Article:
Tuesday, 23 February 2016

Trying to Climb with the Big Boys

Jeff making the key chossy moves to the right

I'm sitting on the couch licking my wounds after spending a week trying to climb with the big boys, Jeff Mercier and Marc Andre Leclerc.  It has been a while since I have been so obviously outclassed, but it's good to get a harsh reality check once in a while, and good to get out with such humble and naturally talented senders.  The highlight was Jeff's first ascent of an awful new variation in the Whiteman Falls chasm, a mini venue which packs a mighty punch.

Jeff was at Glenmore lodge a month ago when Raphael Slawinski and I were at the BMC International Winter Meet.  In the question and answer period after a slideshow he gave, Raphael was asked about the future of climbing in the Rockies.  I interjected that I thought climbing was advanced by the injection of fresh blood when visitors came to our home range, giving the example of Ueli Steck putting up the unrepeated Cock Fight, and Josh Wharton rampaging around the range.  To top it off I said, in an off hand challenge, "Now we just need Jeff Mercier to come and visit."

It was only a brief week later that I received an email from Jeff asking if I would want to get out as he was headed over.  I'd really put my foot in it.  For years I've associated with the type of climber who can win Ouray and enchain multiple routes in Kandersteg in a day.  Now Jeff was on his way over and I was going to have to step up to the plate.

The perfect storm came together at Jesse Huey's condo in Canmore, when Marc Andre Leclerc, fresh back from Scotland, also happened to be in the Rockies.  Jesse's buddy David was only on his 5th day using tools and didn't seem to have any problem with the mixed game, and I'm a local, so again I thought I'd better step up.

Jeff was eager to come along as Marc and I avoided terrible avalanche conditions by going to the Real Big Drip.  Marc onsighted the first mixed pitch, and admitted that there were some "powerful moves", the secret to which I couldn't quite grasp.  With Jeff as the second party I had to motor along after falling off, just in time to fix the static line for his photographer.  It was quite revealing that neither of the world class athletes along that day seemed to have much trouble with a pitch that seems to spit off most of the local senders, leading to significant griping on conditions forums.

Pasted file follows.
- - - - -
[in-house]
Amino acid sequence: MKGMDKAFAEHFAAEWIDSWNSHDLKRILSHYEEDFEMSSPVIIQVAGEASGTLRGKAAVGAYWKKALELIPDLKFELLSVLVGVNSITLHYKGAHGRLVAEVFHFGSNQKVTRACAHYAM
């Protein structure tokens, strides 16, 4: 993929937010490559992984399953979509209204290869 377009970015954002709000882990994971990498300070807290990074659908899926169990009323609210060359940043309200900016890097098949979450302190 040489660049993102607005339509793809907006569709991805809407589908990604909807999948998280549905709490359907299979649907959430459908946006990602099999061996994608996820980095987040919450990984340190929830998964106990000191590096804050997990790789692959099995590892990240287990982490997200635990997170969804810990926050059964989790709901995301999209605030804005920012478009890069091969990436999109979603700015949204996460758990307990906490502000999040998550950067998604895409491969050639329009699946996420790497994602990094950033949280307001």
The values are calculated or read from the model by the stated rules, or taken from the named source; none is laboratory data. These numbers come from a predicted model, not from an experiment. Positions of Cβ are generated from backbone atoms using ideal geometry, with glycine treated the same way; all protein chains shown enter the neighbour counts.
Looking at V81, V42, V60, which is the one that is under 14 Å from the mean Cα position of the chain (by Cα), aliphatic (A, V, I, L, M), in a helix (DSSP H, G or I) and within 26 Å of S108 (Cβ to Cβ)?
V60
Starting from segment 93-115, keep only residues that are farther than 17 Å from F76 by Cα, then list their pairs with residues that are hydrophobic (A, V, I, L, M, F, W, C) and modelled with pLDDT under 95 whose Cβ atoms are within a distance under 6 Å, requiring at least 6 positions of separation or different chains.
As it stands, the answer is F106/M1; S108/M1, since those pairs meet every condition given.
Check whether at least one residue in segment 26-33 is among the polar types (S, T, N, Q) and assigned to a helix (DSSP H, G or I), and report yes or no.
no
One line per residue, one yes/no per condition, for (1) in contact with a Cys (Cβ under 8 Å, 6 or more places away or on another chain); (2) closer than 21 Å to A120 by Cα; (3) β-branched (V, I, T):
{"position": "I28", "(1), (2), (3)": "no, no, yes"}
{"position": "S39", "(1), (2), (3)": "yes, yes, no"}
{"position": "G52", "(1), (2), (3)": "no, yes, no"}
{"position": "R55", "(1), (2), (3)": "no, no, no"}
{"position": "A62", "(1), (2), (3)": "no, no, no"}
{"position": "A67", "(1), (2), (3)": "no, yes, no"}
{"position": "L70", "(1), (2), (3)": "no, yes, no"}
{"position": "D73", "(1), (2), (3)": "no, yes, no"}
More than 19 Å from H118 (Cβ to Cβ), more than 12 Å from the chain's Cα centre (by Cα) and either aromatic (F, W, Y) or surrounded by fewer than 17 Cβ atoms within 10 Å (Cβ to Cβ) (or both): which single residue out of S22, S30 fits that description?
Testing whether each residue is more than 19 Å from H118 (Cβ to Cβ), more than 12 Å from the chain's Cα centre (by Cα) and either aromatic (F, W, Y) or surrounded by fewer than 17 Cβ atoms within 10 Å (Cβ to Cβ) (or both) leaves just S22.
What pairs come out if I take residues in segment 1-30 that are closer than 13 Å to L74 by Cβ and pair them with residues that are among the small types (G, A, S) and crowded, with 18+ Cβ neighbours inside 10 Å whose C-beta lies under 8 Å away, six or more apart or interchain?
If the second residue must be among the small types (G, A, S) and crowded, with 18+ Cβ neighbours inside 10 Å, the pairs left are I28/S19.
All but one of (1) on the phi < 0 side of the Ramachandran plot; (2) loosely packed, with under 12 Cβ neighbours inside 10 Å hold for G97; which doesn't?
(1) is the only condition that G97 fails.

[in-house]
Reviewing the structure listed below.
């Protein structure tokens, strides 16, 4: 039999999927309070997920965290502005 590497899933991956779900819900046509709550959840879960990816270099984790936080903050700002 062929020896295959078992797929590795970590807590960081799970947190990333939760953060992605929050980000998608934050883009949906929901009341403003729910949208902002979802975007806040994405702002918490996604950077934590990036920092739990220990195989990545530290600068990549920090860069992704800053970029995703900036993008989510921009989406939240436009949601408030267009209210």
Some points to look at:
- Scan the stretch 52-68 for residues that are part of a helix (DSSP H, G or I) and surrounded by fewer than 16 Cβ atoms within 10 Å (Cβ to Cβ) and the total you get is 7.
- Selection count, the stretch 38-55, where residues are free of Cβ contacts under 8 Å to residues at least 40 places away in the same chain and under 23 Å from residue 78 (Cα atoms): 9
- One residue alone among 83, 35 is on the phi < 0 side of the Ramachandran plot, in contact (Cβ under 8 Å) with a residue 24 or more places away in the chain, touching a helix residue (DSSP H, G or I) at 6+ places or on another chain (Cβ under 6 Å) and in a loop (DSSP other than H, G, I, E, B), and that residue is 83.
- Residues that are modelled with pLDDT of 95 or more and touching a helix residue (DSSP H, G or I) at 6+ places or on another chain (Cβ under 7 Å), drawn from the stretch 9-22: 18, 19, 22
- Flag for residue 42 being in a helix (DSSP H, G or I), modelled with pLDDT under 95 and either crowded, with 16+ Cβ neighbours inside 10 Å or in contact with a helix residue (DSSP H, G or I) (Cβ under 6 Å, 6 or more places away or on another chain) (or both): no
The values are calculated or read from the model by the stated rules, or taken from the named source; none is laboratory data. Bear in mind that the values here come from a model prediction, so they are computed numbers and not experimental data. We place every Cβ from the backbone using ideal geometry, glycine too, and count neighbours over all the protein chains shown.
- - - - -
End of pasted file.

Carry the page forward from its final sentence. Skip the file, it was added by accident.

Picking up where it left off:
Marc was kind enough to wait til I wasn't hanging to take the photo.

The safety conscious wouldn't be on the Real Big Drip anyway.  Alex Lowe climbed with no helmet, and it seems like Marc is the one having the most fun, so he's doing something right.

Maybe what I enjoy about climbing with total crushers is that they don't seem to mind my minor foibles of self doubt in the face of failure.  Marc did have a certain note of surprise in his voice when I quietly asked for a take on my lead when I couldn't see how to proceed after about 5 minutes of hanging about.    Neither Marc nor Jeff seemed too bothered by my effort. Jeff even encouragingly noting that I was "only a few moves away" on the RBD.  Well, a few moves and about ten minutes of hanging on the bolt.  Maybe I like the fact that the rope goes up in record time when climbing with world class athletes, and that I get to climb outrageous things, but it's also nice when people don't make fun of you for not being as good as they are. It often seems the best are comfortable with their abilities, while it is those struggling to keep up who make the most noise about how good they are

The same went for the next day when we headed in to Whiteman Falls. I kept asking Jeff what he thought of the climb, and he kept things positive by noting what an incredible venue it was, what amazing ice formations, and how impressive the ice was. I've lapped the icefall a load of times by now, but seen through fresh eyes it was fun to hear Jeff's appreciation for it.  It was a good thing too that he was in a good mood once again, as it was the second day in a row I had forgotten my helmet. 

Down on the ground I mentioned that Steve House had an unrepeated variation connecting the top of Redman Soars with Whiteman Falls, named Whiteman Soars.  It's interesting how Jeff refused to be baited by any challenges I threw out, rather choosing to follow his own intuition.  For example, I had mentioned that Will Gadd had a few standing hard cave routes. I thought Jeff might be just the man for them.  Seemed he hadn't traveled half way around the world to drytool drilled pockets as they have loads in Chamonix. He'd eyed up a new natural line. I couldn't believe I'd never noticed, it was staring everyone straight in the face.